The public policy behind advancement and indemnification is to encourage capable individuals to serve as corporate officials by assuring them that, if they are sued by reason of the fact that they were serving the corporation, the corporation will bear the risks resulting from the performance of their duties. Otherwise, directors and officers might be reluctant to make important decisions out of the fear of being personally liable. The costs of mounting a complex legal defense against shareholder derivate suits, governmental investigations, criminal prosecutions and similar cases are often too great for an individual to bear alone.
Mandatory indemnification and advancement of expenses for corporate directors and officers is nearly universal in the United States. Moreover, some companies go further and obligate themselves to advance and indemnify employees. Other companies take a permissive approach in dealing with employees that allows the company to make case-by-case decisions based on the circumstances. Whether to take a mandatory or permissive approach to protecting employees is a decision for each company to make. But, as described below, problems can arise when a company is not clear on its position.
So, who is an “officer”?
There is no statutorily prescribed definition of “officers.” Indemnification and advancement provisions in organizational documents often refer to coverage for “officers” generically. In that case, the analysis often turns on the corporate bylaws governing officer appointments. Bylaws often simply provide for a president and/or chief executive officer, secretary and treasurer, and other officers appointed by the board or by other officers to whom the board delegates appointment powers, including vice presidents.
In some cases, it will be clear that the only officers are persons whose titles are specifically authorized in the bylaws or who are elected by the board. In other cases, it may not be clear whether a person who was not appointed by the board is nevertheless an “officer.” This latter scenario seems to occur most often at companies that use officer-like titles liberally, such as banks and other financial institutions where it sometimes seems like anyone from middle-management has the title of “vice president.”
Court decisions interpreting who is an officer do not add much clarity. One of the most publicized cases in this area involved a former computer programmer and vice president of a large financial institution who was criminally prosecuted for stealing valuable computer code before leaving his job. The computer programmer was one of many vice presidents within the financial institution, was given the title of vice president in his offer letter signed by another vice president, and had no management or supervisory functions. A federal appeals court found the corporation’s bylaws to be ambiguous in defining officers, but it refused to resolve the ambiguity in favor of the employee’s eligibility for advancement of expenses. In a separate but related proceeding, the Delaware Court of Chancery held that because of the federal court’s ruling on the issue, the state court could not allow the employee to re-litigate whether he was an officer. However, the Delaware judge did offer his rationale for why he would have ruled for the employee, including the following:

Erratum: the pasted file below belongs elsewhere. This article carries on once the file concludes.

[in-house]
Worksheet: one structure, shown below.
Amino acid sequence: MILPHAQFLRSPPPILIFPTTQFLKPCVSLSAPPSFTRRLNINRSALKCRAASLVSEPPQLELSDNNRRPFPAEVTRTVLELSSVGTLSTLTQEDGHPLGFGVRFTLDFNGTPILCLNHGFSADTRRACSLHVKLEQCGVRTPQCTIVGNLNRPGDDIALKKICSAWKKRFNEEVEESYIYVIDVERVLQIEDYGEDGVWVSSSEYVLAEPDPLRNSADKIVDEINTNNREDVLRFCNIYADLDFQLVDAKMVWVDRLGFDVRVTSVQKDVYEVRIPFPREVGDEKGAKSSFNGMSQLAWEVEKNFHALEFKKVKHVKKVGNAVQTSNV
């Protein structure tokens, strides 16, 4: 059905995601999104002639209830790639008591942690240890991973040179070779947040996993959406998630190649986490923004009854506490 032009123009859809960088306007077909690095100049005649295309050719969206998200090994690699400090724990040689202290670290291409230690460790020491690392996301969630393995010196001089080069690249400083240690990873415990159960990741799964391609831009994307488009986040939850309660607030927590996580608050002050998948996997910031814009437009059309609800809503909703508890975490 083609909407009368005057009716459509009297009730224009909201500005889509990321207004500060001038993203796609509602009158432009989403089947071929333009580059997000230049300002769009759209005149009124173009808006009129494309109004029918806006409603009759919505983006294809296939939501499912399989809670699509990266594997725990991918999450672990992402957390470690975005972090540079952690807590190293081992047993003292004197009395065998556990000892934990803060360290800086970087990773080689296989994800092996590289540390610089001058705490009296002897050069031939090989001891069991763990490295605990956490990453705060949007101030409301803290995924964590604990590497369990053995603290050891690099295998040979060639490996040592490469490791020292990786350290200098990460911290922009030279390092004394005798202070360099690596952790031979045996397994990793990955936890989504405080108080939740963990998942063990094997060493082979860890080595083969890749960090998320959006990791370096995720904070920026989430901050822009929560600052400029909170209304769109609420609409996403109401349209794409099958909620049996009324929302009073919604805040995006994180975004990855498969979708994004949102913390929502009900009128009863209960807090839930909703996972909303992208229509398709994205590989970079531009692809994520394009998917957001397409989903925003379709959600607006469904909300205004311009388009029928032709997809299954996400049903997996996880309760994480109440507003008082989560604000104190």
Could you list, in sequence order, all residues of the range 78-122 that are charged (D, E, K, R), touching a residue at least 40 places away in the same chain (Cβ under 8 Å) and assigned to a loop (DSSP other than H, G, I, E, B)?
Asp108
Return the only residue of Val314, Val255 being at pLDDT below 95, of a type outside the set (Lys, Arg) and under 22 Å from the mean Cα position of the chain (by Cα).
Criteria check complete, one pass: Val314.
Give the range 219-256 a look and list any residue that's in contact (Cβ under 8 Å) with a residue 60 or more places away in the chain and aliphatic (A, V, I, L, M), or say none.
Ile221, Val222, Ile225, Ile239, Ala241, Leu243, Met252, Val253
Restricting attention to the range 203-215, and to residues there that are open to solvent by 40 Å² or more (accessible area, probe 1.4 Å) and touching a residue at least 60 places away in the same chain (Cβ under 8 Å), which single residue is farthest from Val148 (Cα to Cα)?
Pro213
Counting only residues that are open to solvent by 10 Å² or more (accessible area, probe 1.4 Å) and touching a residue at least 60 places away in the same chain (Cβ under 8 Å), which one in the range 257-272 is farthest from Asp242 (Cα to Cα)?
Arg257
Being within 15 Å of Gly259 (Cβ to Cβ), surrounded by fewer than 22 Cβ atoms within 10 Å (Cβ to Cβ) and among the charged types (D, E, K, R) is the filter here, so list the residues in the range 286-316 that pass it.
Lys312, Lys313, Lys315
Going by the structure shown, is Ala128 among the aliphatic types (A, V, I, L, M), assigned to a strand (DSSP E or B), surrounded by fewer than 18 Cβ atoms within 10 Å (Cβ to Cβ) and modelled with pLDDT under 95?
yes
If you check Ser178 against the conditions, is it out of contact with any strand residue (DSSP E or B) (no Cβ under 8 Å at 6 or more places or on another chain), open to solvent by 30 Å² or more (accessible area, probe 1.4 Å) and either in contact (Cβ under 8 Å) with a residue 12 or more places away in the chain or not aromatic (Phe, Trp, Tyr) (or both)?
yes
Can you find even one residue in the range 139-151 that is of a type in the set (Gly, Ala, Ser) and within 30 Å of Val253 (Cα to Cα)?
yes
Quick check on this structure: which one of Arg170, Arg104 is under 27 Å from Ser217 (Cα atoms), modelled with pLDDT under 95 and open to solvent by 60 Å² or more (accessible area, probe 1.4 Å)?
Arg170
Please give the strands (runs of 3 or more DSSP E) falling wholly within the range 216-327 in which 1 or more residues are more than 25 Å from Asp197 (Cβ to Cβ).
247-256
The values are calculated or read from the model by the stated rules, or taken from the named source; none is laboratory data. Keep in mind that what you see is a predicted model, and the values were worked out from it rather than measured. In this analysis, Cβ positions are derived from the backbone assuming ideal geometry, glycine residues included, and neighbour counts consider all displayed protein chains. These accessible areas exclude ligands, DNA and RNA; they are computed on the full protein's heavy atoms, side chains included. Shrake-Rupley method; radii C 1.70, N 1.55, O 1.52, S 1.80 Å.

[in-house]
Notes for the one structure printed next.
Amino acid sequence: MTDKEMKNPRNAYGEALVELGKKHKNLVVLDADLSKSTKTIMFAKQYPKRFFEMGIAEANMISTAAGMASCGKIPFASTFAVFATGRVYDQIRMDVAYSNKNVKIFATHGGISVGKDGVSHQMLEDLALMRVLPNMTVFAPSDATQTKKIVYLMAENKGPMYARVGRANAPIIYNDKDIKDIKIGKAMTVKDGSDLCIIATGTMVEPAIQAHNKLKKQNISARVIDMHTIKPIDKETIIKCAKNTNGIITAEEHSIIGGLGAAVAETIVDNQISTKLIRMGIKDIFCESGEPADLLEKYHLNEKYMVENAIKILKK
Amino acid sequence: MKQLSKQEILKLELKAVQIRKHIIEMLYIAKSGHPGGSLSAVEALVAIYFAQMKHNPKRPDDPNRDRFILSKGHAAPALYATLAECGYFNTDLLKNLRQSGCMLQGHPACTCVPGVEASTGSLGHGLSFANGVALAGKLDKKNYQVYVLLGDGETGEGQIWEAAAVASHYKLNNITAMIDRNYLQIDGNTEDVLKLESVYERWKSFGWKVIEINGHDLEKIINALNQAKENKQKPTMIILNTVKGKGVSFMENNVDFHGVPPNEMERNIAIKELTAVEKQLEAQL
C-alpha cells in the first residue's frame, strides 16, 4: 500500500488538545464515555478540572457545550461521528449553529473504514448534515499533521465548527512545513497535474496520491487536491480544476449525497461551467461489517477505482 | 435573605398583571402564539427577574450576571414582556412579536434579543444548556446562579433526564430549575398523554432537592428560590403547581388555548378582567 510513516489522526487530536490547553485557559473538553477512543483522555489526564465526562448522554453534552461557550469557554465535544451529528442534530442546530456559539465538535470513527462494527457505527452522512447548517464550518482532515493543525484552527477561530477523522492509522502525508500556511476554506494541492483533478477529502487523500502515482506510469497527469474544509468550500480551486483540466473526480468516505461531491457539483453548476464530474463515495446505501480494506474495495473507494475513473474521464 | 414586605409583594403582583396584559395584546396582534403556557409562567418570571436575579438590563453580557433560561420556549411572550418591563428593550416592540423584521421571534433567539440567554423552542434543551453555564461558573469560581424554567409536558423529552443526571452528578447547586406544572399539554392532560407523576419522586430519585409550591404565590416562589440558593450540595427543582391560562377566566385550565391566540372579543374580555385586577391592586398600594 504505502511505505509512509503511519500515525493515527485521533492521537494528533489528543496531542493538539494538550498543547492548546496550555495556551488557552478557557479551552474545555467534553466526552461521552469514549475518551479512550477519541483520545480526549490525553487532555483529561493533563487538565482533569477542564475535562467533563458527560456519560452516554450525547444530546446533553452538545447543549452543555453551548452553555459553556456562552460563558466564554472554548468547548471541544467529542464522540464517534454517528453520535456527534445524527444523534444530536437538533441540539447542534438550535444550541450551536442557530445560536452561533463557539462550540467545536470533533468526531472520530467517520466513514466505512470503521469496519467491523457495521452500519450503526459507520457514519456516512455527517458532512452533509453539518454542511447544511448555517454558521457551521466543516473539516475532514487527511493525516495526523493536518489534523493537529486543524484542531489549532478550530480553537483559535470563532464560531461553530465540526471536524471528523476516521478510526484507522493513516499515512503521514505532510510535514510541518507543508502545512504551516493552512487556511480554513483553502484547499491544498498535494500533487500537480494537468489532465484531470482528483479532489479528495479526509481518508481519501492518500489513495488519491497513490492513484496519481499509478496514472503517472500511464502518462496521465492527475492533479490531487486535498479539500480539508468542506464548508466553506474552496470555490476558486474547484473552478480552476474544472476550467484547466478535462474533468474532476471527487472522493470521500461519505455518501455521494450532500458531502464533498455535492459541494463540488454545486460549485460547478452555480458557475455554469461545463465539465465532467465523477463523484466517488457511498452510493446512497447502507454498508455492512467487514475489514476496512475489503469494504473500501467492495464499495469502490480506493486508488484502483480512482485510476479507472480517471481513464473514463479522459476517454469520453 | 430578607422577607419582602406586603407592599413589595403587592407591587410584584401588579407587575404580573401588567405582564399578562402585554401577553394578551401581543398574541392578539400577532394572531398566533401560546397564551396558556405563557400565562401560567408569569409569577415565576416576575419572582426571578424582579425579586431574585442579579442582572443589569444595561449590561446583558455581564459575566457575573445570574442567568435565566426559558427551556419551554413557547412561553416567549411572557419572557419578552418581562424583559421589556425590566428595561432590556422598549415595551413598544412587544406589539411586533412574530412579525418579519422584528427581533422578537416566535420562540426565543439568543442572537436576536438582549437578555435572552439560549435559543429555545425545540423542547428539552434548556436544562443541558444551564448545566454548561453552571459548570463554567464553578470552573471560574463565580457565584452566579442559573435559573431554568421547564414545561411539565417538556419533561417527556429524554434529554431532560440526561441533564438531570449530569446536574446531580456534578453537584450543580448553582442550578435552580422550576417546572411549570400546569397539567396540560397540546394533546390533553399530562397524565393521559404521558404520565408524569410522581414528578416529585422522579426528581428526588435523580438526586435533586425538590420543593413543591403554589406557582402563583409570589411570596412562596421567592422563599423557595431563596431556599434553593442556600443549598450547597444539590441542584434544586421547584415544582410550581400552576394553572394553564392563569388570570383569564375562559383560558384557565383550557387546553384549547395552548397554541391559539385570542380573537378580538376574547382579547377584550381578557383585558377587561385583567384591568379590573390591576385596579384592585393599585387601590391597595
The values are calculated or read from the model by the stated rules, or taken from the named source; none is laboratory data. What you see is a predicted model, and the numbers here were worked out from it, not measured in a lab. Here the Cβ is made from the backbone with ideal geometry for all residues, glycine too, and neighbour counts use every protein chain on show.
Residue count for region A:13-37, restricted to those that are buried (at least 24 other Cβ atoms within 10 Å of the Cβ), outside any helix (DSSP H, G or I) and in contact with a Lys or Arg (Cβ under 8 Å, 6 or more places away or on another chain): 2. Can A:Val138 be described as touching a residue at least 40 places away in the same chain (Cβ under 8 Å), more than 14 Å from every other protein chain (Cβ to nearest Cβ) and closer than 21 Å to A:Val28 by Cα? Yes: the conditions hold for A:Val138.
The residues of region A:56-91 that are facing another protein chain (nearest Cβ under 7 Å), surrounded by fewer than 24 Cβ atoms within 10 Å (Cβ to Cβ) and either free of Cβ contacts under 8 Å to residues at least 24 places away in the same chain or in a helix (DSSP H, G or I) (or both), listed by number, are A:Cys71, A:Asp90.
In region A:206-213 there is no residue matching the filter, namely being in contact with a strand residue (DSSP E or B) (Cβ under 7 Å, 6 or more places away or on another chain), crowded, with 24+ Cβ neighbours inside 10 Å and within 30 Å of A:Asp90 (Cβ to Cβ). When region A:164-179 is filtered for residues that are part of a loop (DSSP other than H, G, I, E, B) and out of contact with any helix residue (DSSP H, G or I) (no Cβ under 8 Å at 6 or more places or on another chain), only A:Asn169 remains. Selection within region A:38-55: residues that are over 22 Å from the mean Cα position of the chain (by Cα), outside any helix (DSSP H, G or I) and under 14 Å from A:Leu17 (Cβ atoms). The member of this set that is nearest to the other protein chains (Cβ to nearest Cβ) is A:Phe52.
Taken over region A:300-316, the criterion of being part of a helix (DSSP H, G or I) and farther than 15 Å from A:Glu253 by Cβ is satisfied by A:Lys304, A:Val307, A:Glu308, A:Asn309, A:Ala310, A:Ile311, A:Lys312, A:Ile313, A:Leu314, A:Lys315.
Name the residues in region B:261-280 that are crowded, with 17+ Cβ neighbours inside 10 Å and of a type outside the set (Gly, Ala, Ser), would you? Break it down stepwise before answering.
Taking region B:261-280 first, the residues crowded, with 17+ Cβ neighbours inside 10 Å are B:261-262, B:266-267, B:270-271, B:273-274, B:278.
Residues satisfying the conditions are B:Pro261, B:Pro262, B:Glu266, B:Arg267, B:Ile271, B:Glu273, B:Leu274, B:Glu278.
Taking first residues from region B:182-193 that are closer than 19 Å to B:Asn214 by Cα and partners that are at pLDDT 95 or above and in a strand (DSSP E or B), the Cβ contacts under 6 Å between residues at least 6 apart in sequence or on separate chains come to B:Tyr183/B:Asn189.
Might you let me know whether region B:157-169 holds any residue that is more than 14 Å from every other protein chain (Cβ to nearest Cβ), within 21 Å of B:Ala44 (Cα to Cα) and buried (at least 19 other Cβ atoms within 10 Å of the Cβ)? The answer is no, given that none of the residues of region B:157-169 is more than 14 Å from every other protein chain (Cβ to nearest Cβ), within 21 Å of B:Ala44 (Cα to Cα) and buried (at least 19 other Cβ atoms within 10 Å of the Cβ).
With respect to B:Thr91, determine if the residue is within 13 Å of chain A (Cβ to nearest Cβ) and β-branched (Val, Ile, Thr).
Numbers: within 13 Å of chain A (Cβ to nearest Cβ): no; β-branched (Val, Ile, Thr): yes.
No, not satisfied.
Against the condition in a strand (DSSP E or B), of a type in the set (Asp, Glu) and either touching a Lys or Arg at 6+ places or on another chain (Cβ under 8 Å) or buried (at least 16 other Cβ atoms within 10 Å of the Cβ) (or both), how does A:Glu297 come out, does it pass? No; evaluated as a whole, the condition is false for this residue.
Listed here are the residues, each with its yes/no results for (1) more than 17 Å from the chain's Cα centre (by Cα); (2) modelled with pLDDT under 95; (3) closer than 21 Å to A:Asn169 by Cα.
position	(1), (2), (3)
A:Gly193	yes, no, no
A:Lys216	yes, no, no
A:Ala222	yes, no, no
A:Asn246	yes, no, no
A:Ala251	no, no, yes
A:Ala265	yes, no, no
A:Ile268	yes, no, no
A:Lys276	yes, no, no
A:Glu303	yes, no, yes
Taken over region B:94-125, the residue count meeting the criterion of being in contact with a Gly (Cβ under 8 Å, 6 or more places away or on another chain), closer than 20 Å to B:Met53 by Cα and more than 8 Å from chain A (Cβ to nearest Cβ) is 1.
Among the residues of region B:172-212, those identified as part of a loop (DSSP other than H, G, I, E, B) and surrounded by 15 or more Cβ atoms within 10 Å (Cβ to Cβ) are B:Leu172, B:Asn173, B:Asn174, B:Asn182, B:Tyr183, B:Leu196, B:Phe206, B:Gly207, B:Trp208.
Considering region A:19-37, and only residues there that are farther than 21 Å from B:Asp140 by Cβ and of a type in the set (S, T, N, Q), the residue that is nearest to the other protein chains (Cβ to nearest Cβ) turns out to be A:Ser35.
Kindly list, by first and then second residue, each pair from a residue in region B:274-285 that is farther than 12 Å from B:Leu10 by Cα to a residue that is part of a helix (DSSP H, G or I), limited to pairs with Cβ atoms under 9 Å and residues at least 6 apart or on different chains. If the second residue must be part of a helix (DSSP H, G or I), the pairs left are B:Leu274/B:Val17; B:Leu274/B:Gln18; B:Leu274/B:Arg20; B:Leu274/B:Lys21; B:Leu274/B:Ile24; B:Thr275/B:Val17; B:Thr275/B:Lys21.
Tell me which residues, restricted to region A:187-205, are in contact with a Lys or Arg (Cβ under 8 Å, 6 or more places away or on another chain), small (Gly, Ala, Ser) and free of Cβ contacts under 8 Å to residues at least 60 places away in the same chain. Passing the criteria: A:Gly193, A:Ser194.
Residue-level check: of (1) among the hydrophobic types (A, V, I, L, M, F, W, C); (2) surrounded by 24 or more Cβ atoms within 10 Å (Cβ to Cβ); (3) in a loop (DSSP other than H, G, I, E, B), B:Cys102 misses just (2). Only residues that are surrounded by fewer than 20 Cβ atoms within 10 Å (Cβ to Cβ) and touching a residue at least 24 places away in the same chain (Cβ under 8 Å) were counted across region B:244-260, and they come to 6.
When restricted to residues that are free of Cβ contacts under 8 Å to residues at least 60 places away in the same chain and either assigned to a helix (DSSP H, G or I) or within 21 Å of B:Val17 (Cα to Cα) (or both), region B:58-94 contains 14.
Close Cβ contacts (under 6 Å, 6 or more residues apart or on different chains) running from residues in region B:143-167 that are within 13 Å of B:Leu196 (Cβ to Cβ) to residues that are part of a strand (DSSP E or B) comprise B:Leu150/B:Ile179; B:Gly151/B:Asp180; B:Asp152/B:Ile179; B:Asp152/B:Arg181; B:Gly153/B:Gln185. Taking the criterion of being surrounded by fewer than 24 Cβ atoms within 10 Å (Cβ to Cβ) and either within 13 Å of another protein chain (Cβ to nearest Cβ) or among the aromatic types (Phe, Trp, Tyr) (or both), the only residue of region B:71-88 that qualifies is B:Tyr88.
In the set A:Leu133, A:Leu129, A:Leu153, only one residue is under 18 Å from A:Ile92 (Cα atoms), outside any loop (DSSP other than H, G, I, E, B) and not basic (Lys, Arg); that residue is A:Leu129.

- the corporation drafted its bylaws unilaterally and was in the best position to remove ambiguities;
- a slate of officers including a vice president is common;
- a person with the title of “vice president” could normally assume he or she was an officer entitled to advancement;
- the corporation’s bylaws included vice presidents in its set of officers and also allowed officers who were elected by the board to appoint other officers;
- the corporation was responsible for the ambiguity by liberally designating its employees as “vice presidents”;
- a vice president does not need to have supervisory or managerial functions to be an officer; and
- public policy favors advancement and indemnification.
Other Delaware court decisions analyzing officer status involving alleged serious misconduct by employees have likewise emphasized the corporation’s unilateral control over drafting organizational documents and its ability to ensure its officers are defined clearly and consistently.
The question of who, exactly, is a corporate officer is rarely asked, but it could have significant consequences. A corporation may unexpectedly find itself obligated to cover a present or former employee’s hefty litigation expenses arising from serious misconduct. Conversely, an employee who thought he or she had protection in litigation may be surprised to be left footing the bill – which, for an individual, could result in bankruptcy. Many corporations would benefit from a closer review of their bylaws and use of officer titles. Revising the bylaws with greater specificity can set expectations now and avoid protracted litigation later. Moreover, there is nothing that prohibits the company from voluntarily covering its employees’ legal expenses on a case-by-case basis.
Rachel Northup is of counsel and Steven Haas is a partner at Hunton & Williams LLP. The views expressed in this article are solely those of the authors and do not necessarily represent their firm or its clients.